|In 1964he entered Davidson College in Davidson, North Carolina, withdrawing in 1966 to help launch “Up With People,” then called “Sing Out ’66.” He traveled throughout Europe, Canada, Venezuela, and the United States as a pianist, drummer, bassist, and musical director, returning both to Germany and Venezuela to help create equivalent shows for those countries.|
Drafted in 1967, Davis received medical training in the U.S. Army and spent 1969 in Vietnam as a 91C20 (Physician’s Assistant).
Honorably discharged from the Army in 1970, Davis earned his Private, Multi-Engine and Commercial pilot’s ratings and helped start Cochise Airlines, a commuter for the state of Arizona, as Administrative Assistant and Co-Pilot.
After serving as Executive Director for the Republican Party in southern Arizona, Davis was elected to the Arizona state senate (32nd Arizona Legislature) from the Tucson area at the age of 28.
In 1975, Davis was awarded the George Washington Medal of Honor from Freedoms Foundation at Valley Forge for his article, “The Government Versus the Economy,” published in Parade Magazine, October, 1975. He was also listed in Who’s Who in American Politics.
Changing his party affiliation to Libertarian, Davis lost his bid for re-election to the Senate by a narrow margin. He got involved with Scientology and quickly became an Aide to L. Ron Hubbard (Commodore’s Staff Aide for WISE/SMI) as a founder and the first president of the World Institute of Scientology Enterprises (WISE), an international management consulting firm.
Leaving Scientology behind in 1980, Davis taught business management at Sherman College of Straight Chiropractic in Spartanburg, South Carolina, and served as its Director of Development. He went on to write a computer program to handle the business aspects of a chiropractic practice, which was sold nationally through a company he founded, Precision Chiropractic Computer Systems, Inc. He also wrote his first book, “Chiropractic Practice Management Made Easy."
In 1984, Davis ran for the U.S. Senate as a Libertarian against incumbent Strom Thurmond. Thurmond won.
Retiring in 1988, Davis moved to a horse ranch near Prescott, Arizona and learned to break and train horses. In his spare time, he wrote his second book, “Future Sex” (now out of print).
In 1993, Davis became involved with an intentional community near Berlin, Germany, called ZEGG, and was cook and captain for their whale and dolphin research ship, the Kairos, in the Canary Islands.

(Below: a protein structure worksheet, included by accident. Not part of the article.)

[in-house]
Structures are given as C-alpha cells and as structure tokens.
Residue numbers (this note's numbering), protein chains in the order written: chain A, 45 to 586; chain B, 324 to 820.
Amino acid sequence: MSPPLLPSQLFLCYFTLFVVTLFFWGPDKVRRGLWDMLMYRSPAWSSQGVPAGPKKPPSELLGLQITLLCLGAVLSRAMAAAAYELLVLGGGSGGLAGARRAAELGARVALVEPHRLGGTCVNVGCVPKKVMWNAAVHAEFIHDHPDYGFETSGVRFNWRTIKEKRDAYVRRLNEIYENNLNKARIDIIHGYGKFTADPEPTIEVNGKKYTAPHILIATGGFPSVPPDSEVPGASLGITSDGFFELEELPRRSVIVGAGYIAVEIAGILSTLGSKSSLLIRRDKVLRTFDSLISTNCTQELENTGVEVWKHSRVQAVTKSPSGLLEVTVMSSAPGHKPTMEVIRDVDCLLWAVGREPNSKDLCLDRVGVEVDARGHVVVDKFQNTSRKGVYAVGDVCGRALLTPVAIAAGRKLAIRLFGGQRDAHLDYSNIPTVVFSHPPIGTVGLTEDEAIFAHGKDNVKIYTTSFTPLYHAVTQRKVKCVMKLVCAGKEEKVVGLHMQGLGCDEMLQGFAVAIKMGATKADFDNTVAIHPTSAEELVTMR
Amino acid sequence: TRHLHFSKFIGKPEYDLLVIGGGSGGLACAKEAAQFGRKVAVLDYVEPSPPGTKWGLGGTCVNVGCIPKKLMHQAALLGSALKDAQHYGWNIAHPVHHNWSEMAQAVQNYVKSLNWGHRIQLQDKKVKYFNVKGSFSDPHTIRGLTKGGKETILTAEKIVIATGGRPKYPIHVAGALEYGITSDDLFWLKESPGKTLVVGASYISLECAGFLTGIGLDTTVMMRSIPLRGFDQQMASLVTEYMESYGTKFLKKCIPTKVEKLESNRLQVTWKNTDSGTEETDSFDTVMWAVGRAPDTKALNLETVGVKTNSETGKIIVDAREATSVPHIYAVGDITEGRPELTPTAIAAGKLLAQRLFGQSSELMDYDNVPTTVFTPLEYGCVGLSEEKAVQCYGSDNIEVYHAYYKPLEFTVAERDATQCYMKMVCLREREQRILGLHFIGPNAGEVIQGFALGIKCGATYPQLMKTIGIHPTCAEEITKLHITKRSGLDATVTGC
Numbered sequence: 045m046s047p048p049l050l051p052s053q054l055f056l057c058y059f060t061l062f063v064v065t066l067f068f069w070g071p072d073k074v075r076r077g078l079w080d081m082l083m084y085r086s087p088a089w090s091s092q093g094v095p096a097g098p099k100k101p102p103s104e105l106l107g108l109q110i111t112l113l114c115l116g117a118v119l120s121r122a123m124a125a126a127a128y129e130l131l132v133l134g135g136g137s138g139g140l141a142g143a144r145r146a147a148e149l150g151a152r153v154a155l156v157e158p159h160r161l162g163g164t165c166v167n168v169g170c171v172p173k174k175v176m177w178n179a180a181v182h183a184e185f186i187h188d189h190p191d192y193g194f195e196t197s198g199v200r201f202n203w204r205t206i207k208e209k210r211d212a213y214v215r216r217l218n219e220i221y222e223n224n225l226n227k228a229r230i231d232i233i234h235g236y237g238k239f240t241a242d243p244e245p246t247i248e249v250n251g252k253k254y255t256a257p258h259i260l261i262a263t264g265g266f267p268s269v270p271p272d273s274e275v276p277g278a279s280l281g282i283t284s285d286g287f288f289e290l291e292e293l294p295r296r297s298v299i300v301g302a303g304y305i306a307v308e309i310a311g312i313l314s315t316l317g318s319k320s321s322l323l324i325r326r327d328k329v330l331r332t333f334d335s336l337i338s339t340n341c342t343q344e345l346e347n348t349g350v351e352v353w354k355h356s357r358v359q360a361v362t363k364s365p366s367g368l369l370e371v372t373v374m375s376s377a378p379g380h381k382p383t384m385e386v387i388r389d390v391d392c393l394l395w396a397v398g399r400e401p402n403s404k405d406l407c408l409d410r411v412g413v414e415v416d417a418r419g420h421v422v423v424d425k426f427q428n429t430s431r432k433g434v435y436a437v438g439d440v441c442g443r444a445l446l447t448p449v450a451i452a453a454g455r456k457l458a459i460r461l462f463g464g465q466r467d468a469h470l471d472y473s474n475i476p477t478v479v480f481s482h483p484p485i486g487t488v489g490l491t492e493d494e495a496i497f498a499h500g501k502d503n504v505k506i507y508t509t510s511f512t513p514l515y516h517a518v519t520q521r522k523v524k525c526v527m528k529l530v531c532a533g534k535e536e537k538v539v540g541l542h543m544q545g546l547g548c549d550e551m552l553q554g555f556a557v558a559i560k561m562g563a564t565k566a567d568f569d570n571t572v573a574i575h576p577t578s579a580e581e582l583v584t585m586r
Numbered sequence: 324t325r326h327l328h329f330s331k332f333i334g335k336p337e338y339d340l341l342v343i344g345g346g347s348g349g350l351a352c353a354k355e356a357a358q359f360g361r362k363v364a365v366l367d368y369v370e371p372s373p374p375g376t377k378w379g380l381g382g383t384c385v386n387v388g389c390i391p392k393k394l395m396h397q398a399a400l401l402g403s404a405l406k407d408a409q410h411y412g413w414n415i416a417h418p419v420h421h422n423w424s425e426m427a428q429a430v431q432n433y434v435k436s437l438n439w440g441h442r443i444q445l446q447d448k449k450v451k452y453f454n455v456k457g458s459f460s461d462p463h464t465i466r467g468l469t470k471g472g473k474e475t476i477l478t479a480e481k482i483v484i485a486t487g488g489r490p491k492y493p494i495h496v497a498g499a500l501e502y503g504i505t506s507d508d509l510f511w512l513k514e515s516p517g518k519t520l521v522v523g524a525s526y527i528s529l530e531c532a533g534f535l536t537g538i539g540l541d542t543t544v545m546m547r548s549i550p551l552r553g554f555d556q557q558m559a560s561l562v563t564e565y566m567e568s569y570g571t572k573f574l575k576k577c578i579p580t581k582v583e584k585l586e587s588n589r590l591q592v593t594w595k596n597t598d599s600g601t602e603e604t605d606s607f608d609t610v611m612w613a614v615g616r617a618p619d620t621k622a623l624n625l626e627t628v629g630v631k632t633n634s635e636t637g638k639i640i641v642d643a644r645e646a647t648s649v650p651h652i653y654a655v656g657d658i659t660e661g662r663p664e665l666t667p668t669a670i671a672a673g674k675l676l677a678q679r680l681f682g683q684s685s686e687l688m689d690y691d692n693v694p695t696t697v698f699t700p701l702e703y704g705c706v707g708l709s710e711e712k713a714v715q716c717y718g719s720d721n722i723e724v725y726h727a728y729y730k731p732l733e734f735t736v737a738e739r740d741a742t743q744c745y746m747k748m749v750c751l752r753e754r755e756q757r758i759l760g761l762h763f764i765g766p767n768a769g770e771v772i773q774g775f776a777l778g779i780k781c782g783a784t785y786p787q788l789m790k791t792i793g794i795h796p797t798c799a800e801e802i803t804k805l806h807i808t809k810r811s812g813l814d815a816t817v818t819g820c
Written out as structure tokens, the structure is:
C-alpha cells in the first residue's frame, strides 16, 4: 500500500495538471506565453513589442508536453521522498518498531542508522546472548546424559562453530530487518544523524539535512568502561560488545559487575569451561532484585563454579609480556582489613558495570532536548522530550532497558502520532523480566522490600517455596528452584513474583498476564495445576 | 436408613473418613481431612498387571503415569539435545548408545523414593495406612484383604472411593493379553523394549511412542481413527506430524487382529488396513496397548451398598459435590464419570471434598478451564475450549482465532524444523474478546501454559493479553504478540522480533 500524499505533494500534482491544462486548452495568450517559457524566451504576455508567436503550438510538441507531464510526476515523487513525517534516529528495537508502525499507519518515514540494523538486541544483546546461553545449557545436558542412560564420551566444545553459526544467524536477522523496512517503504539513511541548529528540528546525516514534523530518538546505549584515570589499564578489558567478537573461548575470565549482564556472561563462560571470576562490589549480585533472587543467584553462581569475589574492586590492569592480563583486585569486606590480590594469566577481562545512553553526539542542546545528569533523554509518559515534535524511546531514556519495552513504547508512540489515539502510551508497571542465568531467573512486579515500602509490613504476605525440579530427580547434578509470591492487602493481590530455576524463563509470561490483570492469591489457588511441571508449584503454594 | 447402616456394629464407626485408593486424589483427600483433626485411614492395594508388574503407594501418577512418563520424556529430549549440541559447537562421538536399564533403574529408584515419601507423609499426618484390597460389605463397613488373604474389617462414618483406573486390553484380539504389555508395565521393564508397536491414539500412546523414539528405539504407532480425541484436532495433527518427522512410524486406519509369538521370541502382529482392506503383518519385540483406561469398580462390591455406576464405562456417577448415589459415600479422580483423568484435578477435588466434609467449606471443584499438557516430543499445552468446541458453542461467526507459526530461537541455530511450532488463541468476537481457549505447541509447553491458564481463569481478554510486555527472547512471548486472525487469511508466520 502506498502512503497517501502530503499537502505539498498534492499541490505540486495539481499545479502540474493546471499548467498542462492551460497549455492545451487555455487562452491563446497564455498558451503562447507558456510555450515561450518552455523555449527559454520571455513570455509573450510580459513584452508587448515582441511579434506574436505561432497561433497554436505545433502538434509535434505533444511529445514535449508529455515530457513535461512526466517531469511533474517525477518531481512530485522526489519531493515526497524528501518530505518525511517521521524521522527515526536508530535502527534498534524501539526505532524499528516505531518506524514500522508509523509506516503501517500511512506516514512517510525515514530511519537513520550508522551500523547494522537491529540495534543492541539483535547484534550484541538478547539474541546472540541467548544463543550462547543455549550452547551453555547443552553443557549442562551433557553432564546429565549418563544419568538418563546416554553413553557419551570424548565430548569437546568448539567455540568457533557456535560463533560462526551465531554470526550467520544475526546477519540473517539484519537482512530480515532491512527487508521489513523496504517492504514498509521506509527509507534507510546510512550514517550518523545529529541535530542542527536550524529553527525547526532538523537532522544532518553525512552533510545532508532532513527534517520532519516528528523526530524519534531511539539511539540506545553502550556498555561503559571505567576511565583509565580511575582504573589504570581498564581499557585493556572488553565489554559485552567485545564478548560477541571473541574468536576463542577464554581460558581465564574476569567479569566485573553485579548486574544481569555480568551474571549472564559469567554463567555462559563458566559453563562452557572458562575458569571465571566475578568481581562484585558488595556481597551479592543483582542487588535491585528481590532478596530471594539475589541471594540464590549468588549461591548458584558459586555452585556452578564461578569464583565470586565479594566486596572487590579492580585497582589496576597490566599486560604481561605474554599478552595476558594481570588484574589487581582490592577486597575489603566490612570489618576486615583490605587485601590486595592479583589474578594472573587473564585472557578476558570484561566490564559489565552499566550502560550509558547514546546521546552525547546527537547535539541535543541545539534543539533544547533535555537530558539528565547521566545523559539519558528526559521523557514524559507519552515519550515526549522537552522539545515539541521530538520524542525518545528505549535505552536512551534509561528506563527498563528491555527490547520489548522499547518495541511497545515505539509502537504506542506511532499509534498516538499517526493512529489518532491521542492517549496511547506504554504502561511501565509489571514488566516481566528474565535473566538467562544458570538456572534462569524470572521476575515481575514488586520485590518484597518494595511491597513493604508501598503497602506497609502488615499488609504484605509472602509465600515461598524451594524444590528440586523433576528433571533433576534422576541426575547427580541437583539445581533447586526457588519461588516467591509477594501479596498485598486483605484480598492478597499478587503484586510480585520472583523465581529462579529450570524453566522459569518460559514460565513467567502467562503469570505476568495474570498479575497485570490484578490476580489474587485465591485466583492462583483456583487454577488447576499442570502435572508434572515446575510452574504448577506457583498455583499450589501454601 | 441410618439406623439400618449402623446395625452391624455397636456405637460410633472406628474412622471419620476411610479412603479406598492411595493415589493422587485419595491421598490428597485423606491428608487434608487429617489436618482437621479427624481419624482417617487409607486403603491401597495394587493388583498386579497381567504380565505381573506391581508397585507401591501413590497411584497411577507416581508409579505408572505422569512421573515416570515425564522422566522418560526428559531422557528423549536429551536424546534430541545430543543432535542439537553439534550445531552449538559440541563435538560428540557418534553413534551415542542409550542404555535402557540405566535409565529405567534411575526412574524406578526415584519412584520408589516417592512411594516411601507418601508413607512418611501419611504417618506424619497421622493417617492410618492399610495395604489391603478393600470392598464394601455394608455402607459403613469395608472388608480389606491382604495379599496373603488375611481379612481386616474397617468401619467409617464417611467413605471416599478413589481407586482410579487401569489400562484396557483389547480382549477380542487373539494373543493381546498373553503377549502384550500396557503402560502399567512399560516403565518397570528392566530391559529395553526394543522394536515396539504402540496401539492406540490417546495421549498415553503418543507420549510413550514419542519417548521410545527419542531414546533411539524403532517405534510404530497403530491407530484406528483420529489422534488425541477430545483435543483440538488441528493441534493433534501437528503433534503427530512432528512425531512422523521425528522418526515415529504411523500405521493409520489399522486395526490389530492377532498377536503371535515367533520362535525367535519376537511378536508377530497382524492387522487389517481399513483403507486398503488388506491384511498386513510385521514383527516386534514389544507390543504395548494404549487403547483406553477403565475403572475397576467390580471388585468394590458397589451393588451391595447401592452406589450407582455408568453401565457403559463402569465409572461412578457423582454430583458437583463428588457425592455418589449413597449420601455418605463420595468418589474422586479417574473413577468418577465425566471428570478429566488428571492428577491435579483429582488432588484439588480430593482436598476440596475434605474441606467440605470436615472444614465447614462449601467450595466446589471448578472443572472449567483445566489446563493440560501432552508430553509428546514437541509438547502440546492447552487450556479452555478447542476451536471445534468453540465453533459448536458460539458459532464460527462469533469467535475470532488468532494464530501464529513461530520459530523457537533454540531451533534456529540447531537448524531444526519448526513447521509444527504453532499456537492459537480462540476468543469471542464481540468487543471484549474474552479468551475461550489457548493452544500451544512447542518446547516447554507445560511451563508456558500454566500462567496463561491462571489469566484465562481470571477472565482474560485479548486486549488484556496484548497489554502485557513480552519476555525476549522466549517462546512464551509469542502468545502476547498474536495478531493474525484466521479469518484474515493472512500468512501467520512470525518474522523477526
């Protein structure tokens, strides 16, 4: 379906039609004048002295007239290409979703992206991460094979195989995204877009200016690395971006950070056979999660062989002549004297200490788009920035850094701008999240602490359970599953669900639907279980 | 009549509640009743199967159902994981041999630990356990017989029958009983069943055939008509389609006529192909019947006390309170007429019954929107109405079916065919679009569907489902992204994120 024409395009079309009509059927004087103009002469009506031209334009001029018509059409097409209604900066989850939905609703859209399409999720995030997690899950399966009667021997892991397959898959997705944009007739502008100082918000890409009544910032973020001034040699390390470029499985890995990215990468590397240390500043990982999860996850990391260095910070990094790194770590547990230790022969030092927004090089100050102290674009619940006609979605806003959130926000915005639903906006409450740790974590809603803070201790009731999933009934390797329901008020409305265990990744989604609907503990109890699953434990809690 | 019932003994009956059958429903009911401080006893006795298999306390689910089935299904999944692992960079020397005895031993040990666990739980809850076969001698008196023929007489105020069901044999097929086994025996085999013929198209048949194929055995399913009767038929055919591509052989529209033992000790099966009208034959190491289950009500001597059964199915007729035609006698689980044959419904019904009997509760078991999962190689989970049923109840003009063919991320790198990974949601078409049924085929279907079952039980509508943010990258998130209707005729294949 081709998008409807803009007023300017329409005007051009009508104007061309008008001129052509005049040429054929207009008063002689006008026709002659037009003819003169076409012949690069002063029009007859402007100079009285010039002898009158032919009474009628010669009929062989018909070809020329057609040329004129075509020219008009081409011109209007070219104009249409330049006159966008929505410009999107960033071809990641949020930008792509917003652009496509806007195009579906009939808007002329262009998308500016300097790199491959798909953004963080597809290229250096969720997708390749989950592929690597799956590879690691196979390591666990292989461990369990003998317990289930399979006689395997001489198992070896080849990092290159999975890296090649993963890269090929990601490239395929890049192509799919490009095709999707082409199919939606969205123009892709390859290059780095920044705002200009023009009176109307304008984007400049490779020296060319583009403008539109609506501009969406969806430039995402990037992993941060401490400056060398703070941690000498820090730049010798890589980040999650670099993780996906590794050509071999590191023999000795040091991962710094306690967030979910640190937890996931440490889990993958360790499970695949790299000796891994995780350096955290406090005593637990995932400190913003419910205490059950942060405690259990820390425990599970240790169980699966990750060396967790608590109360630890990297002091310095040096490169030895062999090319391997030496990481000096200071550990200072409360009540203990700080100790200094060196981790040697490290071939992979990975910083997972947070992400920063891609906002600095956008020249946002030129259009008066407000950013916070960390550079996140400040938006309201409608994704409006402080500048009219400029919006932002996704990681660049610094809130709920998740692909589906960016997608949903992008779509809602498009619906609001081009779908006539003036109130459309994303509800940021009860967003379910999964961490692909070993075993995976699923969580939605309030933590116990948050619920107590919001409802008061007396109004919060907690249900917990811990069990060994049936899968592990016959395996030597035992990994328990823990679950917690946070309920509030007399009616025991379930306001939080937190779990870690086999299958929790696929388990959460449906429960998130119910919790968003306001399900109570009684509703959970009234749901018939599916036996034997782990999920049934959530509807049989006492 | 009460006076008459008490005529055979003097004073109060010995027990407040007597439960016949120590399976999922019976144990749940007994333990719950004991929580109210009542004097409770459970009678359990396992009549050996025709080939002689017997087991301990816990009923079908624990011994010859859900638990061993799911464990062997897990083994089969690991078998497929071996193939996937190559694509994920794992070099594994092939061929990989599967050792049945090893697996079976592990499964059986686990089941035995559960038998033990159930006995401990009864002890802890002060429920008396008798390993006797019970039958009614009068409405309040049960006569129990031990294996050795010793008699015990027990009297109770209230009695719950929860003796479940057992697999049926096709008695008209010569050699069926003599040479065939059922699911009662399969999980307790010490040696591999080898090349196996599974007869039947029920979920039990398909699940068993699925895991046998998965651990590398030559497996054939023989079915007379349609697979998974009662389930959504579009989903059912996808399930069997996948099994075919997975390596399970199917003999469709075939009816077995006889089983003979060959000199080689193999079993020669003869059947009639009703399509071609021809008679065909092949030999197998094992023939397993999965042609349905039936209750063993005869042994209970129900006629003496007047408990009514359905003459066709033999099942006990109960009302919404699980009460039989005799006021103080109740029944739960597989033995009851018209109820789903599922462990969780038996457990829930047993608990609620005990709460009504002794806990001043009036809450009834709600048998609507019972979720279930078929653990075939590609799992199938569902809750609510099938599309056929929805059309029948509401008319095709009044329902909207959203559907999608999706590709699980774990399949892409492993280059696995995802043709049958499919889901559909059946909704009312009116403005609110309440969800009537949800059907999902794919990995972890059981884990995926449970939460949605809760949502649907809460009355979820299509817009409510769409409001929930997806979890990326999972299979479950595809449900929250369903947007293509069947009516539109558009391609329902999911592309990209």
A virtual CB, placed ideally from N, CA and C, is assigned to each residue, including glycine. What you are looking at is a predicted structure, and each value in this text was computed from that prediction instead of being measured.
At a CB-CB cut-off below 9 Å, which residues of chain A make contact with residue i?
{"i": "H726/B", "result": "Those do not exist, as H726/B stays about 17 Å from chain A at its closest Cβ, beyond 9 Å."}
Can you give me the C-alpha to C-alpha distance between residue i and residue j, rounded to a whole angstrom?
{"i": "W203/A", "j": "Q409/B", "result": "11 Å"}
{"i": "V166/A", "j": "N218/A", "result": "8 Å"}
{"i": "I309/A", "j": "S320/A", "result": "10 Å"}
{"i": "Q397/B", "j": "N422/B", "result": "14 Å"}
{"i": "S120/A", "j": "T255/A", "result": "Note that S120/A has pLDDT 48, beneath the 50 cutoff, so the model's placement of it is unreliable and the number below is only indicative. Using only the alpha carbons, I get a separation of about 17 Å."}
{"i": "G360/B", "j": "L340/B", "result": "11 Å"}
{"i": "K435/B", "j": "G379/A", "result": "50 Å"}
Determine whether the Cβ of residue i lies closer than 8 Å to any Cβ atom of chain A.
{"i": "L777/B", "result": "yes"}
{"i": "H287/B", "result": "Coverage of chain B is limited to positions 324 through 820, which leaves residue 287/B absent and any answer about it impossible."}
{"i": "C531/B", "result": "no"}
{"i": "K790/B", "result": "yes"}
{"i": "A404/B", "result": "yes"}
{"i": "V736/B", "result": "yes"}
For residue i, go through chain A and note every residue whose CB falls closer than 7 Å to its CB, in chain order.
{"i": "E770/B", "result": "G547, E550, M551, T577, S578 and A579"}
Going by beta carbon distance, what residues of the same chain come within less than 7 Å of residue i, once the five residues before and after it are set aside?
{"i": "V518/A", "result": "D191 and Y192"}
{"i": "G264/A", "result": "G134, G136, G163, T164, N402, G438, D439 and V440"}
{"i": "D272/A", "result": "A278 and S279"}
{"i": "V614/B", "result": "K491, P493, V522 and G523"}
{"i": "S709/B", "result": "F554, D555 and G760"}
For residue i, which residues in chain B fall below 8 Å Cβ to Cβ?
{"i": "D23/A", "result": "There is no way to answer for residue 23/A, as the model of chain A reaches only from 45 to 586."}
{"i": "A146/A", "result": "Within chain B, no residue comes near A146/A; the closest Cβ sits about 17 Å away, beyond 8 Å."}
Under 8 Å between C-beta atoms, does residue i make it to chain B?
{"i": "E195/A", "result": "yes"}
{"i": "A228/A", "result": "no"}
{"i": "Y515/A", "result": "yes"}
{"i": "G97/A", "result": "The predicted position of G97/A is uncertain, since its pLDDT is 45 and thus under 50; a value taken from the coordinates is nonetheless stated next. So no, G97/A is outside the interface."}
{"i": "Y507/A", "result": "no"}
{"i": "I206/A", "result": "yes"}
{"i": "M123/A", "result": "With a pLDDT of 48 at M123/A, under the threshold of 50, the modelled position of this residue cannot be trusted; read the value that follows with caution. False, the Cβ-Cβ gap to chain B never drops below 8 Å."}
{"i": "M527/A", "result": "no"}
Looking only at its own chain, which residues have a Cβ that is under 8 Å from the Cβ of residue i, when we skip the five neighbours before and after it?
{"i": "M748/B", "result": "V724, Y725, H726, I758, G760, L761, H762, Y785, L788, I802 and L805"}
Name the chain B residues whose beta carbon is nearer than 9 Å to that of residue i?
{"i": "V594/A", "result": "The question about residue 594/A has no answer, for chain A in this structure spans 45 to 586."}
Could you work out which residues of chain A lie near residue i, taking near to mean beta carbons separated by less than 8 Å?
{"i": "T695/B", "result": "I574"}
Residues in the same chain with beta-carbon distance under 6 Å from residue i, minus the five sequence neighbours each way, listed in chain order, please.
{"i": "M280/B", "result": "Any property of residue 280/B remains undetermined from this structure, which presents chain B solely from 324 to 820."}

Returning to the U.S. in 1996, Davis wrote a paper published on the Internet called “AIDSgate,” outlining the case against HIV as the cause of AIDS and providing evidence that the drug AZT was responsible for 95% of the AIDS deaths from 1987 to 1997.
In 1998, Davis returned to the horse ranch near Prescott, Arizona as business manager, specializing in the breeding and sale of buckskin horses. He also became very active in Al-Anon and designed a new and highly successful program for drug and alcohol recovery.
In 2003, Davis wrote a two-part, four-hour made-for-TV movie called Wrongful Death: The AIDS Trial, which was a finalist in the TalentScout Screenwriting Competition. However, he could not find a producer willing to make such a controversial film. Soon after finishing the screenplay, Davis broke his neck and ten other bones in his back and chest in a car accident.
In December 2005, Davis re-wrote Wrongful Death: The AIDS Trial as a novel, which was published by VirtualBookWorm in May, 2006. Davis also runs a number of websites dealing with the HIV/AIDS issues, including www.HelpForHIV.com, www.GuineaPigKids.com, www.LivingWithoutHIVDrugs.com, www.theAIDStrial.com, and www.AreYouPositive.org. He recently wrote, directed, and edited a video featuring two-time Olympic Gold Medal winner Lee Evans, available on YouTube.
Davis holds a B.S. in Political Science from the University of the State of New York and is currently finishing his M.S. in Psychology from California Coast University. He has been married twice and is now single. He has three children and three grandchildren.